Human "mini-brains" might sound like something from a science fiction movie.
But Tasmanian researchers are hoping the lab-grown structures could lead to breakthroughs in two of the world's biggest health threats.
And it's all thanks to one Launceston family.
Scientists from the University of Tasmania's Wicking Dementia Research Centre are creating miniature brains about the size of a grain of rice to improve the understanding of dementia and traumatic brain injury.
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The project has been made possible thanks to a generous donation from the Merridew Foundation.
The charity was established by Launceston's George Merridew, his wife Sarah and their two daughters Nancy and Alison, so they could support projects they believed in.
It was also inspired by Dr Merridew's brother - an accomplished journalist who was diagnosed with dementia at the age of 55.
Acknowledging the sad reality that many families impacted by dementia experience, Dr Merridew said the donation was an acknowledgement of his brother and for the quality research carried out by the Wicking Institute.
"My brother lived with dementia and died with it," he said. "He was diagnosed with early onset Alzheimer's disease at the age off 55.
"He gradually got worse and died after 10 years of that as a frail old man.
"It was all very sad - especially given his intellectual capability and his gradual decline. It was terrible."
The foundation will donate $75,000 over three years to the research, where scientists change skin cells - derived from tissue donated by Tasmanians - into pluripotent stem cells and then into nerve cells.
These cells are then grown into organoids, also known as mini-brains.
The tiny three-dimensional structures closely resemble the make-up of the human brain, paving the way for improved investigations into causes and treatment.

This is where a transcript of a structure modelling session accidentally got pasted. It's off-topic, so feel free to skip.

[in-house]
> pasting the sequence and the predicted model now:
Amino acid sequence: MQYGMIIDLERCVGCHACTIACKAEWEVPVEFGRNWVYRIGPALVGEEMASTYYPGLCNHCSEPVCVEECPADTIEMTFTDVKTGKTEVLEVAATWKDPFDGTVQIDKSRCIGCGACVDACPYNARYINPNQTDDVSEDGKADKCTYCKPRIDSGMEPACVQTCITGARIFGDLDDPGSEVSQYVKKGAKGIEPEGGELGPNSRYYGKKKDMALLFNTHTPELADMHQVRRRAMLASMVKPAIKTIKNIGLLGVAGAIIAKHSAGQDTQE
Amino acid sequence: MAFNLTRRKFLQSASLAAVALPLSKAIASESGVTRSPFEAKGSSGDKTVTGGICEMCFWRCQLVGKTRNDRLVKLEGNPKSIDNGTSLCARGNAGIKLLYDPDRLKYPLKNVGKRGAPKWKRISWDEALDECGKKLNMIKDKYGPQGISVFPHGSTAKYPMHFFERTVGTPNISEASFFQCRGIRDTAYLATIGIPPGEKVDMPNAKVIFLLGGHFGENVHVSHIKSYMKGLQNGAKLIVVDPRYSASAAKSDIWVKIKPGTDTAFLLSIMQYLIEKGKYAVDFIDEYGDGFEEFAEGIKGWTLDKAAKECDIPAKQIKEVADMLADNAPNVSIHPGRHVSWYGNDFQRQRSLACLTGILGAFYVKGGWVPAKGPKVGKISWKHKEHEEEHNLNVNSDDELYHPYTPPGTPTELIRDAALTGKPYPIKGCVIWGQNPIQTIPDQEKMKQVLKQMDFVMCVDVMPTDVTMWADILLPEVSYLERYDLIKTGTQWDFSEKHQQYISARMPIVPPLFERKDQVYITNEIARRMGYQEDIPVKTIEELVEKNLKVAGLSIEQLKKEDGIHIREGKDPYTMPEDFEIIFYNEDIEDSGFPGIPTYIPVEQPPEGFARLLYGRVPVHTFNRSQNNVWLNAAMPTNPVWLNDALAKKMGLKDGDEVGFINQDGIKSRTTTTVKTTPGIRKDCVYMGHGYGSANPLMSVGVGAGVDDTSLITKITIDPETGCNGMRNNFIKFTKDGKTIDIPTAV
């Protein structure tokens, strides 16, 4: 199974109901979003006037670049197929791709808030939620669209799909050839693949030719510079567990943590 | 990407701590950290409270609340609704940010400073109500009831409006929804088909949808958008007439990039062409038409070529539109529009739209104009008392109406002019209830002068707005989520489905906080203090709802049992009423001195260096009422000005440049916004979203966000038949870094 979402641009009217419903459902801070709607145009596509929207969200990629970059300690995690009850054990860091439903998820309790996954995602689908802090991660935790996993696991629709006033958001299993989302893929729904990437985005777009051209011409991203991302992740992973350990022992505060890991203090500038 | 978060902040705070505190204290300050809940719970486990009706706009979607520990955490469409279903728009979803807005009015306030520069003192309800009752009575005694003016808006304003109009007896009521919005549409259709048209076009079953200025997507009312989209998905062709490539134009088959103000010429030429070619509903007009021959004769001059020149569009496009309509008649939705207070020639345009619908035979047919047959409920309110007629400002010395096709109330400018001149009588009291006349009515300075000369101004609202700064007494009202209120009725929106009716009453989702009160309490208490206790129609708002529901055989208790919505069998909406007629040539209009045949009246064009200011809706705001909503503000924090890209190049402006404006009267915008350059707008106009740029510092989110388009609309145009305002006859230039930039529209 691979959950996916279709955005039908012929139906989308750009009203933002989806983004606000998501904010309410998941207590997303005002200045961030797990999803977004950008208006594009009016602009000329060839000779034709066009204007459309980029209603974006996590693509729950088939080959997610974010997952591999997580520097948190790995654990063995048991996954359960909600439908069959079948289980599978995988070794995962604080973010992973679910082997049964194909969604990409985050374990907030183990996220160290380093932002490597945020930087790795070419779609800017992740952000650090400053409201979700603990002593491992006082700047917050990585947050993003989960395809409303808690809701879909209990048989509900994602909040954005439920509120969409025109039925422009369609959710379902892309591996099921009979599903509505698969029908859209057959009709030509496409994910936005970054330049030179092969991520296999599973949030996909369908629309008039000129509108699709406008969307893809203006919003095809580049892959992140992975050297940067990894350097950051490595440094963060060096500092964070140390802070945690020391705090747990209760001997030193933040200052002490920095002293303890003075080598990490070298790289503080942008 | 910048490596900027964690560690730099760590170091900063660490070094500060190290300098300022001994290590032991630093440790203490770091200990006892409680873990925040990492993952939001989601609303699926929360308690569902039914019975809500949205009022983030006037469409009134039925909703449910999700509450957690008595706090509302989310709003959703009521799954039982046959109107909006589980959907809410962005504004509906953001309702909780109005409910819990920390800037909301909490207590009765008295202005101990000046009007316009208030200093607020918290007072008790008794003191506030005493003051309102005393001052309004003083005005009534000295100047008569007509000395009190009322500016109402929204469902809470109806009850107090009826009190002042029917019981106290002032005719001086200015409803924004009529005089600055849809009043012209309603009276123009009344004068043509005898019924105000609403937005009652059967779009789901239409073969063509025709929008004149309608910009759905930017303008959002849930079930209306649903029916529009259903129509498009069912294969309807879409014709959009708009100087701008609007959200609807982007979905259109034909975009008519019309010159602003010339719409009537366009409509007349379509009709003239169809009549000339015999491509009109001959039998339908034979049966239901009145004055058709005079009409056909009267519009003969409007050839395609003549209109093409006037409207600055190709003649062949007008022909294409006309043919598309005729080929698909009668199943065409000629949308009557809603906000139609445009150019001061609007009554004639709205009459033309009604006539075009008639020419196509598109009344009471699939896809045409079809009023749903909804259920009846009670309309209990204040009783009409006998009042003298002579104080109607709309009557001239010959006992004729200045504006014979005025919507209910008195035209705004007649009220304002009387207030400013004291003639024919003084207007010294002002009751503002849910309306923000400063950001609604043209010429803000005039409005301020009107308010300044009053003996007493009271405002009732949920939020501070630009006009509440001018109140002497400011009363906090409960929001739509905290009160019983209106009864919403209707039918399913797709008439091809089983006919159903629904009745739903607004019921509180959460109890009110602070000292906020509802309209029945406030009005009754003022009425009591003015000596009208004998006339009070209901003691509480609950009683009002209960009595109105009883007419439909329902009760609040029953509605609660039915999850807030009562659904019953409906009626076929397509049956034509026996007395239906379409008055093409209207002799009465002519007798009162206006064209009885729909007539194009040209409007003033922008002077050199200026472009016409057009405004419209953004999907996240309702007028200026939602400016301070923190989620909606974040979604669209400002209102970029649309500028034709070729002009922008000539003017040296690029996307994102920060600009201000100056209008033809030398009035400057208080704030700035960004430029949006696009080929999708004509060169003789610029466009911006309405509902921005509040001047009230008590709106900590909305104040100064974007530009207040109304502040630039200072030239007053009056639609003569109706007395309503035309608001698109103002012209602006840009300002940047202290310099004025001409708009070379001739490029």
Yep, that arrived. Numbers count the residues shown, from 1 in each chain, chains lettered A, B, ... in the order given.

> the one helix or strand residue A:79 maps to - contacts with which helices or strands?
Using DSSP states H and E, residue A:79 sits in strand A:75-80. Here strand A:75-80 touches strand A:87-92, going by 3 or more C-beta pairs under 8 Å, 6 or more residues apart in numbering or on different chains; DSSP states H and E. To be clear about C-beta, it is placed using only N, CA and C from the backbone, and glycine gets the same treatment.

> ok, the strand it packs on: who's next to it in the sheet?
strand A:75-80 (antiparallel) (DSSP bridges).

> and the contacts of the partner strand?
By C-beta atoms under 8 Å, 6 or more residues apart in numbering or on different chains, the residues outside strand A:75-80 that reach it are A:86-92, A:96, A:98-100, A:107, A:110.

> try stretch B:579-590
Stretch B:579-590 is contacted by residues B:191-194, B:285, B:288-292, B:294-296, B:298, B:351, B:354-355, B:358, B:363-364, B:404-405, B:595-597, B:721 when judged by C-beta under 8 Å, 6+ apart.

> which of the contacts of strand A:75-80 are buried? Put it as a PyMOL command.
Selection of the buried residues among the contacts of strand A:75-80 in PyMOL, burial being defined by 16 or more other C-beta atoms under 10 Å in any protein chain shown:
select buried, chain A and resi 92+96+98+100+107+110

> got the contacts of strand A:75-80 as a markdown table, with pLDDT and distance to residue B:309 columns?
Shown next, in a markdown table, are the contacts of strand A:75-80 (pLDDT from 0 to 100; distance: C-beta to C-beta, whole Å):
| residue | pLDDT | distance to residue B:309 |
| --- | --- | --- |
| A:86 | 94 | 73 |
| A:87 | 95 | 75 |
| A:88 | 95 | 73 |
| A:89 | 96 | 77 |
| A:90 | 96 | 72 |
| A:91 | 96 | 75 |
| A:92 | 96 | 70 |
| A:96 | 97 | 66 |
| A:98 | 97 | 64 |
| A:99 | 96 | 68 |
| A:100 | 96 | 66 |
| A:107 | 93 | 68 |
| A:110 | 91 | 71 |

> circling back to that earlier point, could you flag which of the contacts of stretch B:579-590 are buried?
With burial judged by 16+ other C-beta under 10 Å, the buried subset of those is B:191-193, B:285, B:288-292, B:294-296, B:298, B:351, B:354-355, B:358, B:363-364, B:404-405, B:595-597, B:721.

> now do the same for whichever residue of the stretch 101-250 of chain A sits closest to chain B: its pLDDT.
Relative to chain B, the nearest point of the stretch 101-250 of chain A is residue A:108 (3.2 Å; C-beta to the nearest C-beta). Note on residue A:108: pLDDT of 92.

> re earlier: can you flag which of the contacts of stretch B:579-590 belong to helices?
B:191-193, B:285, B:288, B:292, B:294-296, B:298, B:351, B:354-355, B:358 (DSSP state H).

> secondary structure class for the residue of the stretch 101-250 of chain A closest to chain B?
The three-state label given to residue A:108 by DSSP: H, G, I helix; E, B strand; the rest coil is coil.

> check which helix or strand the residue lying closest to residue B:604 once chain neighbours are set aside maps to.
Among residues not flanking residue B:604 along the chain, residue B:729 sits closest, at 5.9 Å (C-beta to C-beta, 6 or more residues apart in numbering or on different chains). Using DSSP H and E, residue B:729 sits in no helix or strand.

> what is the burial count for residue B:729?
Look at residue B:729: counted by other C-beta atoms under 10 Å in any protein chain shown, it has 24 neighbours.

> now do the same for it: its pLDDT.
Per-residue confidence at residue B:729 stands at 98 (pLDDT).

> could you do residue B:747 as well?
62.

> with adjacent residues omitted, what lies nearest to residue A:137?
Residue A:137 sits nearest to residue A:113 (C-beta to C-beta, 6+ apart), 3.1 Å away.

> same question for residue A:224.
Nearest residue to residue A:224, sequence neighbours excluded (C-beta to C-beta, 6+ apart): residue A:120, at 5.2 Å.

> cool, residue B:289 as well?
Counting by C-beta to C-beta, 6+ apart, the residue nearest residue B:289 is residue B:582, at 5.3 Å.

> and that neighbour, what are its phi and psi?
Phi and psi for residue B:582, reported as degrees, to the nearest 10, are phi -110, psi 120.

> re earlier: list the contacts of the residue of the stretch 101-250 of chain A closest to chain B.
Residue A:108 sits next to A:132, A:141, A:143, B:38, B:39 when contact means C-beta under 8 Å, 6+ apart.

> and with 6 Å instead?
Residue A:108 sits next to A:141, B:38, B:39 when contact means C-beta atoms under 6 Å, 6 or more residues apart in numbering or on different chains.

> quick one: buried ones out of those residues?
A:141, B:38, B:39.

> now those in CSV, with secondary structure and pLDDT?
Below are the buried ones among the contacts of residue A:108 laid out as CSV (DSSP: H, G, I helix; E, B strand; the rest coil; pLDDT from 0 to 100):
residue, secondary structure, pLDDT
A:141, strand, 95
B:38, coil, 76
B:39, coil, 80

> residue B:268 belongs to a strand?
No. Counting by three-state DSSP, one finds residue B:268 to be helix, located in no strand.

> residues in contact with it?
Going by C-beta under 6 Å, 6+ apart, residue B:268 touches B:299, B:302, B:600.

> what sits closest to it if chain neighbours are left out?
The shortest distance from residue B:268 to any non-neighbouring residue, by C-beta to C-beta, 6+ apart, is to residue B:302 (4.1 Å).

The research is being led by Associate Professor Tony Cook, who said support for medical research was absolutely critical.
"The great thing about this philanthropic support from the Merridew Foundation is that we have been able to kick start something that we probably wouldn't have been able to do," he said.
"We are already seeing good advances in other diseases using organoids, where new potential therapeutics have been identified.
"While we are not quite at the stage of that with dementia or traumatic brain injury, I think there is enough evidence to give us a good level of optimism that it will be the case in the longer term."
Dr Merridew and Sarah are both University of Tasmania alumni, graduating from Bachelor of Medicine, Bachelor of Surgery and Bachelor of Economics respectively.
They believe their education gave them a great impetus in life.
"Sarah, myself and our daughters have all had a good education ... and a good start to our professional lives," Dr Merridew said.
"We think it's appropriate to reciprocate in some directions - in this case with funding.
"Often research projects don't end up being useful to their original purpose, but they always add extra knowledge of some kind and extra expertise for the people doing it.
"It's clear to us that if we're to make a donation to basic science research in dementia, this is a good way to do it. It's a privilege for us to be apart of it."